And the fact was, when I accepted a last-minute date, the quality of the date (and the resulting quality of the relationship) usually was disappointing. Often the boy wouldn’t put any effort into planning the date. It was last-minute and the entire date felt rushed and lacking any real thought or meaning.
But years and years after high school – when I said yes to a man who actually planned the date well in advance – it was a whole other ball game.
He asked me out the week before our chosen day and time. We decided on dinner and stargazing afterward. He researched nearby restaurants and presented me with several choices. We agreed on one restaurant that seemed promising.
We were to meet at Caesar’s Creek State Park. He emailed me directions and then told me he’d check with the park ranger to make sure it was okay to be in the park after dark.
I remember the night so vividly. I pulled up in Caesar’s Creek parking lot and greeted him. After initial pleasantries, we got in his car and headed to the restaurant. Dinner was very enjoyable as we laughed and got to know each other even more.
Finally, we headed back to the park for some stargazing. I’ll never forget how I felt when the park ranger swung by and said he thought we’d be closer to the lake. My date explained that he was concerned that the large telescopes might have been too much for the sand so he chose the parking lot instead. If that was okay, of course.
The park ranger said it was, wished us well and left.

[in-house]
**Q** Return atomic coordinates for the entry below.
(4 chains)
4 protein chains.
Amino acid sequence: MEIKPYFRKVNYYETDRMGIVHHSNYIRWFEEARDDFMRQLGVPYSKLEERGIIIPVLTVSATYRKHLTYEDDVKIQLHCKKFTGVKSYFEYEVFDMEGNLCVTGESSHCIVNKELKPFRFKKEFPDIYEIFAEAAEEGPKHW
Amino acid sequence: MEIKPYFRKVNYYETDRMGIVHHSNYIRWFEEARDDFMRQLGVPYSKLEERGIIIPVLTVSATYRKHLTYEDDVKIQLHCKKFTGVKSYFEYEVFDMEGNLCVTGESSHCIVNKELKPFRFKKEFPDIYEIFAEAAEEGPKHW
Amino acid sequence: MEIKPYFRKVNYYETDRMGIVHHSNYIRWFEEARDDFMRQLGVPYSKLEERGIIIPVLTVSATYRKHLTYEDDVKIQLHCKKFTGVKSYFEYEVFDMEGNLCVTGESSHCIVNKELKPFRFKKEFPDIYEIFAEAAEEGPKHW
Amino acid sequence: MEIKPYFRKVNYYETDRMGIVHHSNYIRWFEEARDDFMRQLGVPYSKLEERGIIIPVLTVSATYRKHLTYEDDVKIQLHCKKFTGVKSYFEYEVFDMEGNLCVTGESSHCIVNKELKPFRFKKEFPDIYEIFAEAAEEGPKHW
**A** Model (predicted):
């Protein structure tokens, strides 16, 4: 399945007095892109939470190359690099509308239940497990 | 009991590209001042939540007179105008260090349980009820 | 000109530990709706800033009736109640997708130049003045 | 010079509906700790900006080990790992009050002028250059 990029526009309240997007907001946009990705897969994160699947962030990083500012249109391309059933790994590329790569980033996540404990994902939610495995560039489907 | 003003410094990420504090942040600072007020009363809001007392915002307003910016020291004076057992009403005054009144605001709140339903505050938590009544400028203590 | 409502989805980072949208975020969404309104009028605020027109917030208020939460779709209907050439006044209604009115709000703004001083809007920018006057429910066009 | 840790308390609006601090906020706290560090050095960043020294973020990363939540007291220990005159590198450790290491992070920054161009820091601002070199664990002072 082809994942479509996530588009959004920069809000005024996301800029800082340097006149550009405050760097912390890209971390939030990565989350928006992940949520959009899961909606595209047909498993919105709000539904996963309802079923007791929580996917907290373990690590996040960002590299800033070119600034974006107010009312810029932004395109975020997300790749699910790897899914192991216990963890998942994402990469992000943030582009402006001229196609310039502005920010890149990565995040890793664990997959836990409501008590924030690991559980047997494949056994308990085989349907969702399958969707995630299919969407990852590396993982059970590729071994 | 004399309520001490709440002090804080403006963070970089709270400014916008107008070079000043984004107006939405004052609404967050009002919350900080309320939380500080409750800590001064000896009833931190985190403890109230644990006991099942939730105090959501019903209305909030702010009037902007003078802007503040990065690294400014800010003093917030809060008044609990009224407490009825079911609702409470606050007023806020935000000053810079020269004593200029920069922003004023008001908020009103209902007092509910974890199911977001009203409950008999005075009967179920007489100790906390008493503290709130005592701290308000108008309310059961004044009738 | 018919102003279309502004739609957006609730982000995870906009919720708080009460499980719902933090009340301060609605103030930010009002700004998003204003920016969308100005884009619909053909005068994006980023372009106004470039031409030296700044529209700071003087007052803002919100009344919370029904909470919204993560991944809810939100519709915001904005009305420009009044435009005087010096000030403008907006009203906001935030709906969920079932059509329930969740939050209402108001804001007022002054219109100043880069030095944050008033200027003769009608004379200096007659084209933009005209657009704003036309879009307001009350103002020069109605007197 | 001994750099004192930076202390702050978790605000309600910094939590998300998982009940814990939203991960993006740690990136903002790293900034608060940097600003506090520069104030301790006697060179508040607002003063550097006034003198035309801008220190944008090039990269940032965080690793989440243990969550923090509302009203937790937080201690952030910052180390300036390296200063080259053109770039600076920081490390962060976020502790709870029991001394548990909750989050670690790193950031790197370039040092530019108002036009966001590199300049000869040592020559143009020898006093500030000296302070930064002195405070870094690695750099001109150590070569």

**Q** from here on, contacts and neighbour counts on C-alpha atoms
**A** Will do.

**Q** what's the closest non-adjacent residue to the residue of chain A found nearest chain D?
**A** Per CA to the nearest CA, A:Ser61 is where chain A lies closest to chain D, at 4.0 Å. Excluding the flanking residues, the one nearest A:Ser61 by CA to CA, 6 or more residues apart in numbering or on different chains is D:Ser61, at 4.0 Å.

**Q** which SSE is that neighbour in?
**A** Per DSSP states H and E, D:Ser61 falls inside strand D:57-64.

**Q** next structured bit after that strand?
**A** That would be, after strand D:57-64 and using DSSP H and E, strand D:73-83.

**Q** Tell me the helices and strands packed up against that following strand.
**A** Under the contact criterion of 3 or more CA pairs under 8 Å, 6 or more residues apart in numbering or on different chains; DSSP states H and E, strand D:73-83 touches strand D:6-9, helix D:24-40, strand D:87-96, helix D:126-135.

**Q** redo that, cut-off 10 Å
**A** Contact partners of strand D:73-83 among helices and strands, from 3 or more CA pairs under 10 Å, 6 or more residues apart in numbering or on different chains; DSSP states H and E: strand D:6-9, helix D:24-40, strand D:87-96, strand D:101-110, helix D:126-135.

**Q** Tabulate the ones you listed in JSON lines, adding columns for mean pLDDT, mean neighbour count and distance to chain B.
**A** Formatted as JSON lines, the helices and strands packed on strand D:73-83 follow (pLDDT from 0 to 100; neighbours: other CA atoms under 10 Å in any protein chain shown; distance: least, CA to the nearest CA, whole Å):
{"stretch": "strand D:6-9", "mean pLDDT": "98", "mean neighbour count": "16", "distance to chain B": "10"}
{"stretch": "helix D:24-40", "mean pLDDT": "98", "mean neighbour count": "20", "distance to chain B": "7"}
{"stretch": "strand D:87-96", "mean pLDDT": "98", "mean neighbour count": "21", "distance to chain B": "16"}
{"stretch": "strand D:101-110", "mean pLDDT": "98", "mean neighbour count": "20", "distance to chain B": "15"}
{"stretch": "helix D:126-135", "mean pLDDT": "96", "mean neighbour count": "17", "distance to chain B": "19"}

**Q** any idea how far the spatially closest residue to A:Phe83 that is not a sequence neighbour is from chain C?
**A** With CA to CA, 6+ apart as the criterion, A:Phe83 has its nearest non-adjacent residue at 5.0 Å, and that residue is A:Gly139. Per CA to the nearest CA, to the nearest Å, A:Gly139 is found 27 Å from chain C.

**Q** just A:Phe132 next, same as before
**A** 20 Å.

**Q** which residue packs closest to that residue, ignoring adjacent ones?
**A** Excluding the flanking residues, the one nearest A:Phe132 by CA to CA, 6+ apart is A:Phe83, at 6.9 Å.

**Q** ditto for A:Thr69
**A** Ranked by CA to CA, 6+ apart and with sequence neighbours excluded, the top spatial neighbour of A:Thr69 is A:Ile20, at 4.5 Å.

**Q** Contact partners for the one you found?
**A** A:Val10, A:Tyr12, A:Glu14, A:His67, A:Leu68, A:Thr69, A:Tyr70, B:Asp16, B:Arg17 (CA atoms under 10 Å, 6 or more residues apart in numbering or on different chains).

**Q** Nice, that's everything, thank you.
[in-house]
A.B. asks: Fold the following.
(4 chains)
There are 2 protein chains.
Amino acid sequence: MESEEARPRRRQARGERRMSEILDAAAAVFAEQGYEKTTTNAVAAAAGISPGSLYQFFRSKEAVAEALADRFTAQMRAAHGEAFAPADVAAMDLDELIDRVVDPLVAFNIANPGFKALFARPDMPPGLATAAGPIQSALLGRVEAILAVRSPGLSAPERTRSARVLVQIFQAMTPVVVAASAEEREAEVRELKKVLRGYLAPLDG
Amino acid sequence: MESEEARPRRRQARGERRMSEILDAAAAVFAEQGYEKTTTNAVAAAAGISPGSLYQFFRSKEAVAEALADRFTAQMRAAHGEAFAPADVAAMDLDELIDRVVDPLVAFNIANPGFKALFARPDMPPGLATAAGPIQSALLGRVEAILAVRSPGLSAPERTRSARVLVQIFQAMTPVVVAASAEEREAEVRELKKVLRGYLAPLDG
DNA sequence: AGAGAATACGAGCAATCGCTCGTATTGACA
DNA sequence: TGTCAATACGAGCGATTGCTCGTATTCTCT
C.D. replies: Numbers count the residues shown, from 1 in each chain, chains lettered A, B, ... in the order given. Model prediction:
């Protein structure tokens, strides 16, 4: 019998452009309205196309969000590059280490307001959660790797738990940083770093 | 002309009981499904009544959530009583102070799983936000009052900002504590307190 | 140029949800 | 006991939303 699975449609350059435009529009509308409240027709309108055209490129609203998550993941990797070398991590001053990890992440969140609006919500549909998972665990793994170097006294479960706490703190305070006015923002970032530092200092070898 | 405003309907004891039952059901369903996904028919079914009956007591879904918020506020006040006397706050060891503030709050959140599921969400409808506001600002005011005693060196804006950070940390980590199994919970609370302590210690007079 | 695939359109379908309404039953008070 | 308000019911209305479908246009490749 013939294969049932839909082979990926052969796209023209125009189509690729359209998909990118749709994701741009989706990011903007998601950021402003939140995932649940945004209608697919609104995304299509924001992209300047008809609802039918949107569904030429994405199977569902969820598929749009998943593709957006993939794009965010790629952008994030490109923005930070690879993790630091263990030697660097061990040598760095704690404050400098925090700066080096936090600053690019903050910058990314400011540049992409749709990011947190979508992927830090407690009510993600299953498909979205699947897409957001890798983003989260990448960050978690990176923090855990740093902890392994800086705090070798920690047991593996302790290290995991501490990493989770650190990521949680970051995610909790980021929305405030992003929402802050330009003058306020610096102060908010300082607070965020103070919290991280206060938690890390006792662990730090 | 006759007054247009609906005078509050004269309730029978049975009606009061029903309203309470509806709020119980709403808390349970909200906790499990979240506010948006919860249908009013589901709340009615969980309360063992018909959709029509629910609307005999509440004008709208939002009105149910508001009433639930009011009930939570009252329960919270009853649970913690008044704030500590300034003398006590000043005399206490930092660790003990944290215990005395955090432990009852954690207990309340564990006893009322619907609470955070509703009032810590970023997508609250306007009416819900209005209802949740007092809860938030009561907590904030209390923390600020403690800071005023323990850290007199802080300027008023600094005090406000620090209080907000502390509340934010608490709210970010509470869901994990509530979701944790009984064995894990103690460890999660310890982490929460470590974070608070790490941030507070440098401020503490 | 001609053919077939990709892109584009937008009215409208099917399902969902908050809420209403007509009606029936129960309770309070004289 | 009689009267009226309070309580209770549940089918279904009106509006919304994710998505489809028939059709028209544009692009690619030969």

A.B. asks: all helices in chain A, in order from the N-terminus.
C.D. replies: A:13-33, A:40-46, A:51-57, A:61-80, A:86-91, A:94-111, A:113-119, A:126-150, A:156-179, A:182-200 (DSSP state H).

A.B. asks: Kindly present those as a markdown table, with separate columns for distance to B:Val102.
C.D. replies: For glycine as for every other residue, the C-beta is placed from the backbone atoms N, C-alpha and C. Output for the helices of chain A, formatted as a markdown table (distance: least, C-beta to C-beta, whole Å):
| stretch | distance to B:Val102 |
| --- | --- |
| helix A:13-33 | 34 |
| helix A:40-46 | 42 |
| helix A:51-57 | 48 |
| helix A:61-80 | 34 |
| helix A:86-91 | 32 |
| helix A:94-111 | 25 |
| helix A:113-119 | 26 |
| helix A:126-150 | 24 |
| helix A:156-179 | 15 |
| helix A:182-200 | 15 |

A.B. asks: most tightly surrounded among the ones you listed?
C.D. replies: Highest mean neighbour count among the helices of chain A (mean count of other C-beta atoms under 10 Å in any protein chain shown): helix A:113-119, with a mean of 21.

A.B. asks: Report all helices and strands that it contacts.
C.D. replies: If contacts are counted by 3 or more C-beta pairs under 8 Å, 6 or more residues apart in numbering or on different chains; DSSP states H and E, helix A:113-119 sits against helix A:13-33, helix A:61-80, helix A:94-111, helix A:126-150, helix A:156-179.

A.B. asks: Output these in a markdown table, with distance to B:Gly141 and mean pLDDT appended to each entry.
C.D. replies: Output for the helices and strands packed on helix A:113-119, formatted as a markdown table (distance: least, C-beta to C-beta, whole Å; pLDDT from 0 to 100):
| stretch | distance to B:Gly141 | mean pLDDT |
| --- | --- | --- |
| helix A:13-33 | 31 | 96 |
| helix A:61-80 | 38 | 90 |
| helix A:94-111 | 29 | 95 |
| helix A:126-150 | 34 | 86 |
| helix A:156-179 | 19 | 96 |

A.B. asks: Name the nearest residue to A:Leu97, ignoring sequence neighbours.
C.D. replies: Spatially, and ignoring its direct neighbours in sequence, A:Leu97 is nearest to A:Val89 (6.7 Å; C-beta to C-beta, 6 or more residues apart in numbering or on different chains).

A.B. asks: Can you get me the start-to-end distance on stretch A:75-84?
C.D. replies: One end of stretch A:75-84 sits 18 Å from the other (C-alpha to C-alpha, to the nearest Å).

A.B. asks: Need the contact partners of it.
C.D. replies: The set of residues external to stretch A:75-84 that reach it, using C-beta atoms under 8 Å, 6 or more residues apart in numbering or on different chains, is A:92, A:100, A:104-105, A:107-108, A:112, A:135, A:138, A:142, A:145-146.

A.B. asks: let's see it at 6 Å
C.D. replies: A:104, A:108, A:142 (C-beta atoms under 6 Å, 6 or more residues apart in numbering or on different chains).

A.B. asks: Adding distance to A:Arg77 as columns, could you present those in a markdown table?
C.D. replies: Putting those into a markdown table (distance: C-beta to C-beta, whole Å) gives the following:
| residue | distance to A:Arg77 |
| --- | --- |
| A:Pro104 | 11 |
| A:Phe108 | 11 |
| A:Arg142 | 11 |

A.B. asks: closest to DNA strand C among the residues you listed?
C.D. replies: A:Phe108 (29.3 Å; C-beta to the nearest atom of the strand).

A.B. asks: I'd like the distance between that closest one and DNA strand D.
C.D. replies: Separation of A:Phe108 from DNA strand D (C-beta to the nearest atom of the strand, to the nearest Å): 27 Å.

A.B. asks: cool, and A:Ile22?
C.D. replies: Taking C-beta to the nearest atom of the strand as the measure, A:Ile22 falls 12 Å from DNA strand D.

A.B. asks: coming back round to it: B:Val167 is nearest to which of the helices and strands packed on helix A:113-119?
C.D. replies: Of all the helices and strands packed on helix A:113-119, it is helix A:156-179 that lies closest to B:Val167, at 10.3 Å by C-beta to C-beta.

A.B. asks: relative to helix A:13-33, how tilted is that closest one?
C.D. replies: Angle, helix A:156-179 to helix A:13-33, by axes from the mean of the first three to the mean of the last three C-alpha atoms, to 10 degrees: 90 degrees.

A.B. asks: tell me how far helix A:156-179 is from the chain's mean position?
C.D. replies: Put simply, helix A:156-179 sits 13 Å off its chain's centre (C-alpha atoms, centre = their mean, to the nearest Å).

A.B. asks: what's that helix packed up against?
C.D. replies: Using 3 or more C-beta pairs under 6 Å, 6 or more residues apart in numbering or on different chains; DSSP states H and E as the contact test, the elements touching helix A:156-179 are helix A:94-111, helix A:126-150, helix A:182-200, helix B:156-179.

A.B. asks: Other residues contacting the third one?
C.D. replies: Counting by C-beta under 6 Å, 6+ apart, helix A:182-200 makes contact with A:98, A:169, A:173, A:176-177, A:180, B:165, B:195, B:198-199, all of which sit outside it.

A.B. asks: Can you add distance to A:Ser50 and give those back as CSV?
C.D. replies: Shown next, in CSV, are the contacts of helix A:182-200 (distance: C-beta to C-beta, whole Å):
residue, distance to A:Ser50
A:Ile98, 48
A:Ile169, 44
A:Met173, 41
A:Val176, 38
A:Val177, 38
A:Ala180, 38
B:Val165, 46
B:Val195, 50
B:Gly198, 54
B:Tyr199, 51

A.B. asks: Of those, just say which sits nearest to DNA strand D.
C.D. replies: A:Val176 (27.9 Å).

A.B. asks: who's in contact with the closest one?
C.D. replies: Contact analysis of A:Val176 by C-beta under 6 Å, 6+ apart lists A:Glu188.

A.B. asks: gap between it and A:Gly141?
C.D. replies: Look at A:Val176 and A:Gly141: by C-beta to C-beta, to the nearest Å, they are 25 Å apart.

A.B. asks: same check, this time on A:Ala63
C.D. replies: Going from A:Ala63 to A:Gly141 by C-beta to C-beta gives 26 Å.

At that moment, I knew I could trust my date. He told me what he was going to do. And he did what he said he would do. This became his track record. He treated me with respect and courtesy throughout the entire evening. And he was handsome.
I promptly married him.
How This Applies to Marketing Yourself
The same principle my mother taught me about dating can be directly applied to marketing yourself as a solopreneur or creative freelancer.
You know you need clients. You also know you’d prefer to work with clients who respected what you can do for their business.
You don’t want the wrong type of client. Instead, you want the kind that gives you plenty of space to deliver the goods and one who is interested in building a long-term client relationship with you.
And the first step you must take to get the good clients is to know how to weed out the bad ones.
Here are a few you want to avoid:
Last-Minute Larry – This is the type of client who contacts you on Tuesday and wants the first draft of web copy on Wednesday. In less than 24 hours, you’re expected to whip up dynamite sales copy that will perfectly position his company in a highly competitive niche. Don’t marry Larry.
Nitpicking Nellie – This is the type of client who questions every jot and tittle of your creation. If it’s website design, her nephew – who just graduated from a local design school – could do better. If it’s writing, her grand-daughter – who won a high school essay contest – could do better. Heck, even she could do better. Whoa, Nellie. You don’t want a savvy solopreneur. You want a slave. Put the nix on Nell and kick her quickly to the curb. Otherwise, be prepared for a lot of sleepless nights.